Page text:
Saturday, November 12, 2005
Grow A Brain, Willya? (Or, Let's Hear It for Neuroplasticity!)
They said it couldn't be done.
But, recently, they said otherwise.
Meditation Associated With Increased Grey Matter In The Brain
Meditation is known to alter resting brain patterns, suggesting long lasting brain changes, but a new study by researchers from Yale, Harvard, Massachusetts General Hospital, and the Massachusetts Institute of Technology shows meditation also is associated with increased cortical thickness.
The structural changes were found in areas of the brain that are important for sensory, cognitive and emotional processing, the researchers report in the November issue of NeuroReport.
Although the study included only 20 participants, all with extensive training in Buddhist Insight meditation, the results are significant, said Jeremy Gray, assistant professor of psychology at Yale and co-author of the study led by Sara Lazar, assistant in psychology at Massachusetts General Hospital.
"What is most fascinating to me is the suggestion that meditation practice can change anyone's grey matter," Gray said. "The study participants were people with jobs and families. They just meditated on average 40 minutes each day, you don't have to be a monk."
Magnetic resonance imaging showed that regular practice of meditation is associated with increased thickness in a subset of cortical regions related to sensory, auditory, visual and internal perception, such as heart rate or breathing. The researchers also found that regular meditation practice may slow age-related thinning of the frontal cortex.
Hmm. No kidding.
So there's hope for--change?
Here's another article on meditation altering brain structure. The salient point here, as above, is that something immaterial (directed thoughts) are causing measurable changes in material objects (brain structure and function).
Meditation Alters Brain Structure
Scans of Monks' Brains Show Meditation Alters Structure, Functioning -- SCIENCE JOURNAL By SHARON BEGLEY - November 5, 2004
All of the Dalai Lama's guests peered intently at the brain scan projected onto screens at either end of the room, but what different guests they were.
On one side sat five neuroscientists, united in their belief that physical processes in the brain can explain all the wonders of the mind, without appeal to anything spiritual or nonphysical.
Facing them sat dozens of Tibetan Buddhist monks in burgundy-and-saffron robes, convinced that one round-faced young man in their midst is the reincarnation of one of the Dalai Lama's late teachers, that another is the reincarnation of a 12th-century monk, and that the entity we call "mind" is not, as neuroscience says, just a manifestation of the brain.
It was not, in other words, your typical science meeting.
But although the Buddhists and scientists who met for five days last month in the Dalai Lama's home in Dharamsala, India, had different views on the little matters of reincarnation and the relationship of mind to brain, they set them aside in the interest of a shared goal.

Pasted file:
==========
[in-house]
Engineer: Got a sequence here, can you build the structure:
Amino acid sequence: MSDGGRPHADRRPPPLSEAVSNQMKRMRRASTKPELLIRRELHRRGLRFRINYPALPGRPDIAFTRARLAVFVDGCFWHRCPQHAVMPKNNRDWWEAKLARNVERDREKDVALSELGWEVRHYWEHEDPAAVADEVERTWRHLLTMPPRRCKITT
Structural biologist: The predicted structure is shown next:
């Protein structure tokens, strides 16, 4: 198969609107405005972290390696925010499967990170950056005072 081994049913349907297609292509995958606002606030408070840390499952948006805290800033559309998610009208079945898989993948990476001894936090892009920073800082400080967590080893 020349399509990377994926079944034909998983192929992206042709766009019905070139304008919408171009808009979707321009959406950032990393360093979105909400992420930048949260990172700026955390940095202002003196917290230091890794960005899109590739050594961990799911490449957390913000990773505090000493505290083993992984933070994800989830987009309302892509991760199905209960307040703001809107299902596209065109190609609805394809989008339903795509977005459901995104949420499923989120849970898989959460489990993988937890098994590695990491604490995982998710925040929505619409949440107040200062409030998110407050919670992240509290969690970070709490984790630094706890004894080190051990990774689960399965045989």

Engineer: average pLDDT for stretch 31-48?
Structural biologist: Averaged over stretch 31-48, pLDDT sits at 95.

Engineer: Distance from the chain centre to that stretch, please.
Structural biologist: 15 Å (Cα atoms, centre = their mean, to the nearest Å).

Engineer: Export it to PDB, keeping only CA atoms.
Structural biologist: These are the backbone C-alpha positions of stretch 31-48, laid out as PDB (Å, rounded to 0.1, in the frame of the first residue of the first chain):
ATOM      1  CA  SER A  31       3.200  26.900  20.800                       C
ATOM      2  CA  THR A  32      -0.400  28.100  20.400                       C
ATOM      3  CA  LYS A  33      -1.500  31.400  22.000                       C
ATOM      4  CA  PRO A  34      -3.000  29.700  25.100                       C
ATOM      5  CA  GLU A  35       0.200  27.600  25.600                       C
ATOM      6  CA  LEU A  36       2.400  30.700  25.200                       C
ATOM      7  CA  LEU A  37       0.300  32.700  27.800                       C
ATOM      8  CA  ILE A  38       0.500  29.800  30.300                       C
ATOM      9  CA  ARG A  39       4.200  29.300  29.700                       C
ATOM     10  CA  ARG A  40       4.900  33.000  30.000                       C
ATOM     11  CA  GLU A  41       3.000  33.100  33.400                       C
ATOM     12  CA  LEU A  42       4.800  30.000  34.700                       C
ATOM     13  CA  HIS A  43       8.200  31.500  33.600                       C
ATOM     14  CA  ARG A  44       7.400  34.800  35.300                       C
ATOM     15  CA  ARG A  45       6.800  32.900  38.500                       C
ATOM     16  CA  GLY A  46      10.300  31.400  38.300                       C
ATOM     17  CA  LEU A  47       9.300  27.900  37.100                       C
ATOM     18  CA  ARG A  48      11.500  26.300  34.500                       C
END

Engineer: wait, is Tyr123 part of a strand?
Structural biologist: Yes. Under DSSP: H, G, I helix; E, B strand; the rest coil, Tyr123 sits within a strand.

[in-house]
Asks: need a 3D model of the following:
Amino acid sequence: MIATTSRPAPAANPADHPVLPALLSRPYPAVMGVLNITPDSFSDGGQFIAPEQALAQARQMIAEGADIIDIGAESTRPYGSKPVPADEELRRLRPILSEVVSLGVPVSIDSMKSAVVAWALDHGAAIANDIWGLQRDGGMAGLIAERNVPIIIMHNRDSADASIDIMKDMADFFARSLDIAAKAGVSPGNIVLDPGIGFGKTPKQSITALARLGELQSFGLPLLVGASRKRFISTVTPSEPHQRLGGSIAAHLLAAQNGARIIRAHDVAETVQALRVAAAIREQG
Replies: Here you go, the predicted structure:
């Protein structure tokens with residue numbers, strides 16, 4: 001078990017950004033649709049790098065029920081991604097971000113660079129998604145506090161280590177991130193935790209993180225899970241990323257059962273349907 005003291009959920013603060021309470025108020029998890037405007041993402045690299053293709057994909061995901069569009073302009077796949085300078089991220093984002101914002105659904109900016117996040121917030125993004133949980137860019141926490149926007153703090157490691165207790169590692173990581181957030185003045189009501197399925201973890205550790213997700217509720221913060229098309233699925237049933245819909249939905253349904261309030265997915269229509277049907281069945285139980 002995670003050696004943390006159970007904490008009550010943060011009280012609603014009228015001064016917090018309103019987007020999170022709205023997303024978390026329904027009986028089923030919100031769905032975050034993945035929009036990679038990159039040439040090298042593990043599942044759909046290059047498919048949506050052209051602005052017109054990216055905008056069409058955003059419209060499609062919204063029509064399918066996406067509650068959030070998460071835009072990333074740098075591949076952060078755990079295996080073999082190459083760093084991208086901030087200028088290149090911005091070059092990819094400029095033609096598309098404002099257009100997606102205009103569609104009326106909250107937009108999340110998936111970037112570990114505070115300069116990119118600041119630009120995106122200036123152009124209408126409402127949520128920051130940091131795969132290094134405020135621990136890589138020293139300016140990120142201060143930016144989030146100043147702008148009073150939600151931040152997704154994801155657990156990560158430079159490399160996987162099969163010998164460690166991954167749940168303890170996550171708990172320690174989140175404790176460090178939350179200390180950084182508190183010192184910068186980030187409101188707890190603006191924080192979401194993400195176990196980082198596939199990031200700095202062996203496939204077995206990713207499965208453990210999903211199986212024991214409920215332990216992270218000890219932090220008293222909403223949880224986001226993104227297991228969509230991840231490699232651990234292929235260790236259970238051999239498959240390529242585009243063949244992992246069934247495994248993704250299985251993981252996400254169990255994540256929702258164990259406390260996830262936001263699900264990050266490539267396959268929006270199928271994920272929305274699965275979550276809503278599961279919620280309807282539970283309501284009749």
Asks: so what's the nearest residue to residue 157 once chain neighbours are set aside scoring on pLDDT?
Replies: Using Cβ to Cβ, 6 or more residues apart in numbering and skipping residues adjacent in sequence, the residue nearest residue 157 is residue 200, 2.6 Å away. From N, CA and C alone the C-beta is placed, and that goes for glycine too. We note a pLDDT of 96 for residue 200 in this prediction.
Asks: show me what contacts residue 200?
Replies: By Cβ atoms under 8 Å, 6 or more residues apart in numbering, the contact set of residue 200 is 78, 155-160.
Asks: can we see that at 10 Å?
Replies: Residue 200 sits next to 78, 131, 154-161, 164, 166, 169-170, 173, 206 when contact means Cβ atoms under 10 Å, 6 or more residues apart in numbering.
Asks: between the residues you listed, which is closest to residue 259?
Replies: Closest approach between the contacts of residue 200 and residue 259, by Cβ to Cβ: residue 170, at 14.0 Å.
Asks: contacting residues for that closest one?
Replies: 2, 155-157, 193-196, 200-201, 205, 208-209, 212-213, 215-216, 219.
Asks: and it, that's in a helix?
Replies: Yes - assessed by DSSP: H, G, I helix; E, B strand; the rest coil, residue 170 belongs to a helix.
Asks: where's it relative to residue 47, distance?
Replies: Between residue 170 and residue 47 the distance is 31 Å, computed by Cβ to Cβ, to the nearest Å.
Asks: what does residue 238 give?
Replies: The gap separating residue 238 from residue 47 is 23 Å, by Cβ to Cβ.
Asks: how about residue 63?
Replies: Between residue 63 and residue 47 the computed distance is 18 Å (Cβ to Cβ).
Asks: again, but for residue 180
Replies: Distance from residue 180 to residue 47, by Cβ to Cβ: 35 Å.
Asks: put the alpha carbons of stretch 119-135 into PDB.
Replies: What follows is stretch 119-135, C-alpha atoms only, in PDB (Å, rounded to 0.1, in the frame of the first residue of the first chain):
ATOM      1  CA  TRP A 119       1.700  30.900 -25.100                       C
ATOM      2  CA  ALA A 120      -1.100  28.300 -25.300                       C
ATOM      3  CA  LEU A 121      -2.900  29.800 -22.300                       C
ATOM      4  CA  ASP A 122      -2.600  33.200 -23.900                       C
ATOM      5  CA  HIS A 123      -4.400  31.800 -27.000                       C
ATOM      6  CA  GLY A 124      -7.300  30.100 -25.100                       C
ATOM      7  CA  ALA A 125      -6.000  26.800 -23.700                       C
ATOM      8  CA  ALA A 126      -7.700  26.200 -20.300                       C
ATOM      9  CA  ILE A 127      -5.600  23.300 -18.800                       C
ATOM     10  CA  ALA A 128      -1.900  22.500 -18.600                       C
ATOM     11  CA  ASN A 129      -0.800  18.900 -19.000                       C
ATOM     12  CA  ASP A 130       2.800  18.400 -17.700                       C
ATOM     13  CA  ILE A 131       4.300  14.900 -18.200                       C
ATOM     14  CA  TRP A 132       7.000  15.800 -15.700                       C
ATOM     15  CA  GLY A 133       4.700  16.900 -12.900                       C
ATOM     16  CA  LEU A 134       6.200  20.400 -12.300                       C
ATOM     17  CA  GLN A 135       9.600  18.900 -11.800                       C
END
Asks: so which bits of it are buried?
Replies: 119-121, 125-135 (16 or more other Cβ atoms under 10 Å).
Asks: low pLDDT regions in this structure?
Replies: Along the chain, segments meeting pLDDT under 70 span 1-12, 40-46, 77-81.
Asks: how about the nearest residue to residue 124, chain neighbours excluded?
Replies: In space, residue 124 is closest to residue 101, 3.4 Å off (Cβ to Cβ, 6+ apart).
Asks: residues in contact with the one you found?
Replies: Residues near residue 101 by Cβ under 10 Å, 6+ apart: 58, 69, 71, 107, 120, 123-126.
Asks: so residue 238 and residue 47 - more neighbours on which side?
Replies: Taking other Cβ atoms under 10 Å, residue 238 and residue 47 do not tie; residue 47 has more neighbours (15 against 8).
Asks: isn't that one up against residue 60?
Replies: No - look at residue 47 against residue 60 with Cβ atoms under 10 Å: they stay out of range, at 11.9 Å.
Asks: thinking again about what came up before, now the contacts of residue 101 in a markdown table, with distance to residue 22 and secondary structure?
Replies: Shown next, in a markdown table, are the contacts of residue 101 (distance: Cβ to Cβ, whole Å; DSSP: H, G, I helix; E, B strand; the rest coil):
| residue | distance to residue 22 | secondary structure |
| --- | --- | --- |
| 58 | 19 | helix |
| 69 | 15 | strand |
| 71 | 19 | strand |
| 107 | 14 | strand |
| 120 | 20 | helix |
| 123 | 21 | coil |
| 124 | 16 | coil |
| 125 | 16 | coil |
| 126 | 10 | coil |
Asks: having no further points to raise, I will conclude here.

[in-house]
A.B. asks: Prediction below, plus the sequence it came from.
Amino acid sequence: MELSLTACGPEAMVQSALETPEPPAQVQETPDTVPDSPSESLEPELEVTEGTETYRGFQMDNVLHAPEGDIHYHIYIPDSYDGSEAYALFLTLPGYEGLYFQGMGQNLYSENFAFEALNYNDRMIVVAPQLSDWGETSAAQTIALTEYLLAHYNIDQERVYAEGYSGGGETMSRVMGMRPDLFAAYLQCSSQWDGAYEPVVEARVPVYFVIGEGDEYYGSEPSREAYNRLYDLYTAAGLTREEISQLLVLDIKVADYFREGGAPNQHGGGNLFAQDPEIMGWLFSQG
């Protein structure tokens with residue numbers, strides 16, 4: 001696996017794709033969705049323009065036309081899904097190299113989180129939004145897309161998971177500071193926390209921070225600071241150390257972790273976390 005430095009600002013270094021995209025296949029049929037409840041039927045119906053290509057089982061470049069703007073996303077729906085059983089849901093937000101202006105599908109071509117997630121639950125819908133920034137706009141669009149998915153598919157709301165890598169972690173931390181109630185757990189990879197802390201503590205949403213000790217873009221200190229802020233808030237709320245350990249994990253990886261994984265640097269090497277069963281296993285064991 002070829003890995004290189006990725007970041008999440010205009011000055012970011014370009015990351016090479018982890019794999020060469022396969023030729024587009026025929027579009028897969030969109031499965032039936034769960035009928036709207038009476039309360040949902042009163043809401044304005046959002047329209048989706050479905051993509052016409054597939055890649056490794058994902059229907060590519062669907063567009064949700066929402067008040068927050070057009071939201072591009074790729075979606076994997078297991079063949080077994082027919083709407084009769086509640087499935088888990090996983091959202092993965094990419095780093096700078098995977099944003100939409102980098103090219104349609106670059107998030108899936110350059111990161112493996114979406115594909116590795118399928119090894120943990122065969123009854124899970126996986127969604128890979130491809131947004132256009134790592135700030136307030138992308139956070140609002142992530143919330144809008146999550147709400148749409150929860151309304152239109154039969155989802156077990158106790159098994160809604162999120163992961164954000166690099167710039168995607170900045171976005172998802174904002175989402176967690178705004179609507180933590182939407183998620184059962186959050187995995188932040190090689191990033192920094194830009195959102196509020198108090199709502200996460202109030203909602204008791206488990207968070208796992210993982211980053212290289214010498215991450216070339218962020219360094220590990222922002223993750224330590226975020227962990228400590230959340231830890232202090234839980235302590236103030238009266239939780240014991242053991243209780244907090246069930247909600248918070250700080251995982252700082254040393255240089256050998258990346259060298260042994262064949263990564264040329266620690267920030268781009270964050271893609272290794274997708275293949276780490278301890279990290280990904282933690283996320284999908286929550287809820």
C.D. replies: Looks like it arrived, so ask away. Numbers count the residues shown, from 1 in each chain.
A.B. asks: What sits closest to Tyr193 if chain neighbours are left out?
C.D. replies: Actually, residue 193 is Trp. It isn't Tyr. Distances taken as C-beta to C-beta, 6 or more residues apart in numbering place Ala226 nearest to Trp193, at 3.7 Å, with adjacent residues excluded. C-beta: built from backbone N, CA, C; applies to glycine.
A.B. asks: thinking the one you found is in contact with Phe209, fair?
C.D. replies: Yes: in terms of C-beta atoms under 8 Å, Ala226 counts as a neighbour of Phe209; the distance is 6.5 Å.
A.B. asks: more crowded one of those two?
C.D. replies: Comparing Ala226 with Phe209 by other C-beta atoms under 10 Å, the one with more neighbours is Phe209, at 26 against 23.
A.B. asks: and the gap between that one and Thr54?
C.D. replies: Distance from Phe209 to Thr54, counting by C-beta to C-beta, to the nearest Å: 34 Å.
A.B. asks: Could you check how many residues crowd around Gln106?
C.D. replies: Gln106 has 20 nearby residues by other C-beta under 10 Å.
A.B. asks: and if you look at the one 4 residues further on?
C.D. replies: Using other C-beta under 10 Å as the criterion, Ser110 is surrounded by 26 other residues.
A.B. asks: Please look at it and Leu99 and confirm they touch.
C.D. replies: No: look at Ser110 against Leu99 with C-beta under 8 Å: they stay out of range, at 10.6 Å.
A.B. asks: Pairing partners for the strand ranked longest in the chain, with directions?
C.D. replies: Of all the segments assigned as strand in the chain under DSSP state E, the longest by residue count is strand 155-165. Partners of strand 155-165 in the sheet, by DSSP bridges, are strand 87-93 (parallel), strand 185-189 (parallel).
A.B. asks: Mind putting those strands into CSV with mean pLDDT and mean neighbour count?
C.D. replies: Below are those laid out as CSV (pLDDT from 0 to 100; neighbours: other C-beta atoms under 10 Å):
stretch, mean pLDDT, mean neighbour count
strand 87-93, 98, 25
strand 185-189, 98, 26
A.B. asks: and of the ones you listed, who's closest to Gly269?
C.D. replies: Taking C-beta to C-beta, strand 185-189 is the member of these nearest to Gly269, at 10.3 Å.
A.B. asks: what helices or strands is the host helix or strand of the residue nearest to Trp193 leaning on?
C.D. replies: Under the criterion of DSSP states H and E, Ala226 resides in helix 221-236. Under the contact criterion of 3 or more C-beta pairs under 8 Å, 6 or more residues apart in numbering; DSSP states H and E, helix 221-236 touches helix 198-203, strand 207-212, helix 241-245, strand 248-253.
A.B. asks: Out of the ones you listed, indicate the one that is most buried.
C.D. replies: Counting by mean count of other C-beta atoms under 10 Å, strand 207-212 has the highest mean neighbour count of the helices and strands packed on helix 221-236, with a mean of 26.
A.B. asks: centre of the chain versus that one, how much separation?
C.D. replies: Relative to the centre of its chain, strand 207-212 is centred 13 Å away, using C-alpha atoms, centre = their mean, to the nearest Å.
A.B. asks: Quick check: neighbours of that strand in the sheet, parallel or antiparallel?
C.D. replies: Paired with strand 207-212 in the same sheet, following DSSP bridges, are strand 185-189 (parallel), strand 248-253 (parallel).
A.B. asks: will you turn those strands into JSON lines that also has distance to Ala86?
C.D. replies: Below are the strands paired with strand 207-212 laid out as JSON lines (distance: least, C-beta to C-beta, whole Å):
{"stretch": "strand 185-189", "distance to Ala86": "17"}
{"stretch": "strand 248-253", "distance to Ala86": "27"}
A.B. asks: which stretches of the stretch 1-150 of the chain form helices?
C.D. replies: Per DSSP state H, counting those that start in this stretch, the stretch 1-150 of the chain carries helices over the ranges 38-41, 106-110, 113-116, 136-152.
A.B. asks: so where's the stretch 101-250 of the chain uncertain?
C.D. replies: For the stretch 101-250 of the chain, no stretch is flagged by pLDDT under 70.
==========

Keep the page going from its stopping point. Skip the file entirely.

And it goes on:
They had come together in the shadows of the Himalayas to discuss one of the hottest topics in brain science: neuroplasticity.
The term refers to the brain's recently discovered ability to change its structure and function, in particular by expanding or strengthening circuits that are used and by shrinking or weakening those that are rarely engaged. In its short history, the science of neuroplasticity has mostly documented brain changes that reflect physical experience and input from the outside world. In pianists who play many arpeggios, for instance, brain regions that control the index finger and middle finger become fused, apparently because when one finger hits a key in one of these fast-tempo movements, the other does so almost simultaneously, fooling the brain into thinking the two fingers are one. As a result of the fused brain regions, the pianist can no longer move those fingers independently of one another.
Lately, however, scientists have begun to wonder whether the brain can change in response to purely internal, mental signals. That's where the Buddhists come in. Their centuries-old tradition of meditation offers a real-life experiment in the power of those will-o'-the-wisps, thoughts, to alter the physical matter of the brain.
"Of all the concepts in modern neuroscience, it is neuroplasticity that has the greatest potential for meaningful interaction with Buddhism," says neuroscientist Richard Davidson of the University of Wisconsin, Madison. The Dalai Lama agreed, and he encouraged monks to donate (temporarily) their brains to science.
The result was the scans that Prof. Davidson projected in Dharamsala. They compared brain activity in volunteers who were novice meditators to that of Buddhist monks who had spent more than 10,000 hours in meditation. The task was to practice "compassion" meditation, generating a feeling of loving kindness toward all beings.
"We tried to generate a mental state in which compassion permeates the whole mind with no other thoughts," says Matthieu Ricard, a Buddhist monk at Shechen Monastery in Katmandu, Nepal, who holds a Ph.D. in genetics.